2) On some level I worry that I’ve missed the opportunity a little bit. That big companies and marketing budgets are ultimately going to solve #1 in the developed world because the major technologies have reached a threshold where they make sense for a very large number of consumers. I’m super curious about what’s going at the edge of the grid with distributed renewable technologies. In mobile much of the innovation happened at the edges, like mobile money, and percolated back through to the broader network. I think the next big phase of this energy transition may look like that, where innovations happen at the edge in unexpected ways. I would love to start exploring that and documenting that. And exploring it, at least at first, in a totally non-commercial way. Just learning and showing other people what’s going on. This intersects with something else that I think about the next phase of the energy transition is that business models become less important for moving things forward and something that looks more like “art” becomes radically more important. Things that serve no purpose other than to make the observer feel something. And that feeling starts to change the way they perceive the world and that seeps into their decision making so that they simply decide they want to participate in taking better care of the climate, whatever the return on investment may be.

3) Outside of few individual people, nothing has had a larger and more positive impact on my life than travel. I don’t remember where I read this, but someone suggested a thought experiment: What job would you be doing if you woke up every morning and thought to yourself, “Wow, I can’t fucking believe I get to do this for work!”? For me I think that would be running company where the product helped more people travel for their first time, helped more people afford to travel more often and helped people have spontaneous adventures that they treasured their whole lives. That would be awesome. Also, I’m a traveler so I can just scratch my own itch and build products I like. But as I dig deeper I’m discovering that, well, a lot people think the same way and it’s a super complicated, super crowded market with a ton of very smart people who know a lot more than me already working in it.

Take care of self and do fun things

In 2013 I took very bad care of myself. I raced my mind at full-throttle. I drank too much coffee and booze. Stressed myself out severely and got in pretty bad shape. Since early 2014 I reverse that to some extent, mainly emergency maintenance. But I haven’t really invested in rejuvenating myself.

The conundrum is always that maybe you’re just too burnt out to do the ambitious stuff you want to do. Maybe I’ll do better at all of these other things if I take a few months to focus on traveling, re-investing in my education, learn a language, do more rock climbing, yoga and skiing. Maybe I’ll come out of that with 10x the energy and everything else will be better for it.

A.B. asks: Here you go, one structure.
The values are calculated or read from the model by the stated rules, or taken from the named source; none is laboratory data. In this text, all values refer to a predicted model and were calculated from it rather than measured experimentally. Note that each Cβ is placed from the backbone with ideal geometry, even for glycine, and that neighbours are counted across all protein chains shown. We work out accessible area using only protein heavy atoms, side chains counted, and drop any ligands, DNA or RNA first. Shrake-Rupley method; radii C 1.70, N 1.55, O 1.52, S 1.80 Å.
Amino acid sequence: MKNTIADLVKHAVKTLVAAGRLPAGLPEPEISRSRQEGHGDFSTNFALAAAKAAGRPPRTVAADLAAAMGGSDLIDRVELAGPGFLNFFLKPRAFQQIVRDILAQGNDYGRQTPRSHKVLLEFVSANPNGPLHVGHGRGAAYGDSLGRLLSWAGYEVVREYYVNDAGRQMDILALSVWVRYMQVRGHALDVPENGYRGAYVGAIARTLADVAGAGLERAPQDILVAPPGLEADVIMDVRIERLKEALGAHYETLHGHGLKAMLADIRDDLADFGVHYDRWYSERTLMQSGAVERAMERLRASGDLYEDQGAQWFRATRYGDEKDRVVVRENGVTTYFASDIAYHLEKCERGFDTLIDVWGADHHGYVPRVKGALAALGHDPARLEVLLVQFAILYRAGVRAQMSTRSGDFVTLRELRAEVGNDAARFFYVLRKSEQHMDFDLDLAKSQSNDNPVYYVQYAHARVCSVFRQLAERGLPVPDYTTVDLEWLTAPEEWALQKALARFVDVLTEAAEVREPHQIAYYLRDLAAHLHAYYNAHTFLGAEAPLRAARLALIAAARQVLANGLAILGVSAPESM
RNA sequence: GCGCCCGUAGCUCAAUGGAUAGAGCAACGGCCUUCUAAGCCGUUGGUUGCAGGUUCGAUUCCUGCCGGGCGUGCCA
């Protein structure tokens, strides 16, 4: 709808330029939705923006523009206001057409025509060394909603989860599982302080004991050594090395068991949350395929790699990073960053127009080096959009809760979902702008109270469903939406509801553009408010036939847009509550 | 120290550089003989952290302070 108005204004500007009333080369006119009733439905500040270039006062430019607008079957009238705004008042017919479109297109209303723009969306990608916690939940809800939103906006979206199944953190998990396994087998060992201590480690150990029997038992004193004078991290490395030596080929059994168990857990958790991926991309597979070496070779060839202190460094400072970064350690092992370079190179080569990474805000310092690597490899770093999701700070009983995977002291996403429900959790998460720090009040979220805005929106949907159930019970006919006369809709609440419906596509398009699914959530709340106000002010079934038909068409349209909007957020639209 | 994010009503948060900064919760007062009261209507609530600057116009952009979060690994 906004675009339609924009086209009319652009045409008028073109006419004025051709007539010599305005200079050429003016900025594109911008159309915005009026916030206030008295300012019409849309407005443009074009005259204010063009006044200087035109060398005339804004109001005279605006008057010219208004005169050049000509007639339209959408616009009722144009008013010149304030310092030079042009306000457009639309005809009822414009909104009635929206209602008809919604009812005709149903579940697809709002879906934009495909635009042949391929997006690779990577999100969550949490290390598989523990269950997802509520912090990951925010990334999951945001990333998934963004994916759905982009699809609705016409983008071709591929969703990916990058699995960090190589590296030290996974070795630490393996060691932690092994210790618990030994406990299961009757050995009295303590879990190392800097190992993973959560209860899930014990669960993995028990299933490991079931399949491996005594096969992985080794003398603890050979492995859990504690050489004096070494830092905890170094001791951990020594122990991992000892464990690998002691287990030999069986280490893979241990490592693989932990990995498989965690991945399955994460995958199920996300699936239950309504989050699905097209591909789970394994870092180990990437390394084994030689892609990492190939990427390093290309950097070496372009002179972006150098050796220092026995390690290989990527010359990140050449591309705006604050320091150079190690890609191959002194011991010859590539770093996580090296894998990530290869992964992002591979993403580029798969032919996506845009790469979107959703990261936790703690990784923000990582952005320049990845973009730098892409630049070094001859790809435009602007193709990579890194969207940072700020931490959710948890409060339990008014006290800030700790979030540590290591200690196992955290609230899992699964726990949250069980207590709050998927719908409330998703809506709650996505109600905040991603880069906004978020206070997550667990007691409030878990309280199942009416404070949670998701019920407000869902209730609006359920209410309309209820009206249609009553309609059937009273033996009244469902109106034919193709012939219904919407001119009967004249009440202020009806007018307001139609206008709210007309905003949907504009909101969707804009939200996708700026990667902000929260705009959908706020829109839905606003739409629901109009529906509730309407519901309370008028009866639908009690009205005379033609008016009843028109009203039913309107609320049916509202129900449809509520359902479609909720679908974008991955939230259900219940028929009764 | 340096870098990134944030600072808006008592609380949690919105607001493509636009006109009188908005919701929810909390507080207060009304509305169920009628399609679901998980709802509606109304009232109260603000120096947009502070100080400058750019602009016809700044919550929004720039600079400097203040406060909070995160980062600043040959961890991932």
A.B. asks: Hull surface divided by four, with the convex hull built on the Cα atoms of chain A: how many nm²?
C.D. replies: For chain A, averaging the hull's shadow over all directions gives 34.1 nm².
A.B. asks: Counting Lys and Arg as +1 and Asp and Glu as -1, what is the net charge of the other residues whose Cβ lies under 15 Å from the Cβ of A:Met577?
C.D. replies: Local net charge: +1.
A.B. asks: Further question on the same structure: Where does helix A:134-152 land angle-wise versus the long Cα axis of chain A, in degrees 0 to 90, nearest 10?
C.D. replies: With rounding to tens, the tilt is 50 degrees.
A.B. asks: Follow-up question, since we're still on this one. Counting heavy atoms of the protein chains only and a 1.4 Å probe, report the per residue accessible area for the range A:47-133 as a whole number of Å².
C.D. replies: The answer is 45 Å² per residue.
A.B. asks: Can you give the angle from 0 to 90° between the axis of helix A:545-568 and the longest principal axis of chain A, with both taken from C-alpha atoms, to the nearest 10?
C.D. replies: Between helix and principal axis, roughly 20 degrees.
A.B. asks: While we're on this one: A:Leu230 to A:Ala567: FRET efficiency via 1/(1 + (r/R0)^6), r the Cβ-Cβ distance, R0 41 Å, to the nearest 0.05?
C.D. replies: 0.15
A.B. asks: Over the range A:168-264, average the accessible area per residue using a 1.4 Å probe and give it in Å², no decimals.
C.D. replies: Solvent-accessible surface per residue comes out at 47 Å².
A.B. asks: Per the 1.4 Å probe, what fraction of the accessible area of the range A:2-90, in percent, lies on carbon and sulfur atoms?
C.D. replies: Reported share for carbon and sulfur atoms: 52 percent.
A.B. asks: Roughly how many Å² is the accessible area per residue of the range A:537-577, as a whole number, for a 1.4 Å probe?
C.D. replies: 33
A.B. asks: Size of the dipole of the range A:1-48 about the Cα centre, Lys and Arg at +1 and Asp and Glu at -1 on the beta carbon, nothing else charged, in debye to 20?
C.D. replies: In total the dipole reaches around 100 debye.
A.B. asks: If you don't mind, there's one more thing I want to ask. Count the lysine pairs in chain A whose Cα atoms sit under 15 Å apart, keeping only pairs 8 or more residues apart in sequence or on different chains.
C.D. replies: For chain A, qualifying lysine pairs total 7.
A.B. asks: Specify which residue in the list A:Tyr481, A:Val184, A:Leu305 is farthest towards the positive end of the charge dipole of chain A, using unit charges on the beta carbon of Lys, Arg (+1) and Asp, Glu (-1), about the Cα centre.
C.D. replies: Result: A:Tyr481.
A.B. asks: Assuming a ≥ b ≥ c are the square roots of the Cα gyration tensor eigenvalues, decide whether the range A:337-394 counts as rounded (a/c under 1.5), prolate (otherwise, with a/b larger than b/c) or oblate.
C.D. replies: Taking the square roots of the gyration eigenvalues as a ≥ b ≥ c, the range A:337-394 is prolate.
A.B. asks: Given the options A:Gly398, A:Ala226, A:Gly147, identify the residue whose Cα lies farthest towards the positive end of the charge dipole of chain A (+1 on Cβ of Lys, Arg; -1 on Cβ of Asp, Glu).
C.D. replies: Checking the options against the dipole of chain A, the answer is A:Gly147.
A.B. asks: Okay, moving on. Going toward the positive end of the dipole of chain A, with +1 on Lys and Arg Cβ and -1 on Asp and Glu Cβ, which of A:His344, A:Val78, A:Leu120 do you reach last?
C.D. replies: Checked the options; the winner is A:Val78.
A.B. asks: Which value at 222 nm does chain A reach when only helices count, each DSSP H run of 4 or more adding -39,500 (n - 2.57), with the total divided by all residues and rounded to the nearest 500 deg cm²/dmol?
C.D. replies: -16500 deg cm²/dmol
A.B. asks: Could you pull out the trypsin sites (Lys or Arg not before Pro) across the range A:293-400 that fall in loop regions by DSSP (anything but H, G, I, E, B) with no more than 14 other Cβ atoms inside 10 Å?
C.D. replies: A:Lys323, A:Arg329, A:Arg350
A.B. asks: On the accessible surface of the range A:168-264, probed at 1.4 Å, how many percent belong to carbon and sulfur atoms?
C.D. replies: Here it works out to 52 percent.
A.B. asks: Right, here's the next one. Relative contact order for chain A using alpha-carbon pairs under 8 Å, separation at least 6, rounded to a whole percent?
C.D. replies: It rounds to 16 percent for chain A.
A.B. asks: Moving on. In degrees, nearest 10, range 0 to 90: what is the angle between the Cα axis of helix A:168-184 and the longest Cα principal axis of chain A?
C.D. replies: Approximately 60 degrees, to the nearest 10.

But wow is it hard to turn off that ambition. I probably would need someone to force me to do this as I can’t imagine convincing myself to do anything more than the minimum. But Southeast Asia is a lovely place to just relax and have fun for a little while. It’s cheap, the weather is nice and the food is good.

Probably not going to happen.

Giving to family and loved ones

This is a short one because there’s not a lot of nuance to it. Pretty straightforward. I don’t give nearly enough of my time and energy to my family and loved ones. I’ve lived a lot of my life on the opposite end of that spectrum. Mostly because I saw too many of my friends and peers sacrifice too much of their lives and opportunities for rote familial obligations. I always thought people spent too much of their time and money flying home for every holiday and doing stuff just because it’s what you do. They missed out on too many opportunities and experiences for it. I love my family, but I always felt a little comfortable passing certain obligations that society and tradition place on the eldest son.

But the fact remains that my family, extended family and loved ones could do with more from me. There’s help for the older folks and mentorship for the younger ones that I could and should give. As I get older, and more importantly as they all do, this gnaws at me more and more. Gotta do better.

So that’s what is on my mind. I’m going to, perhaps too rashly, post this unedited and then go for a digital detox for a few days. Maybe I’ll come back with a clearer head. Thanks for reading.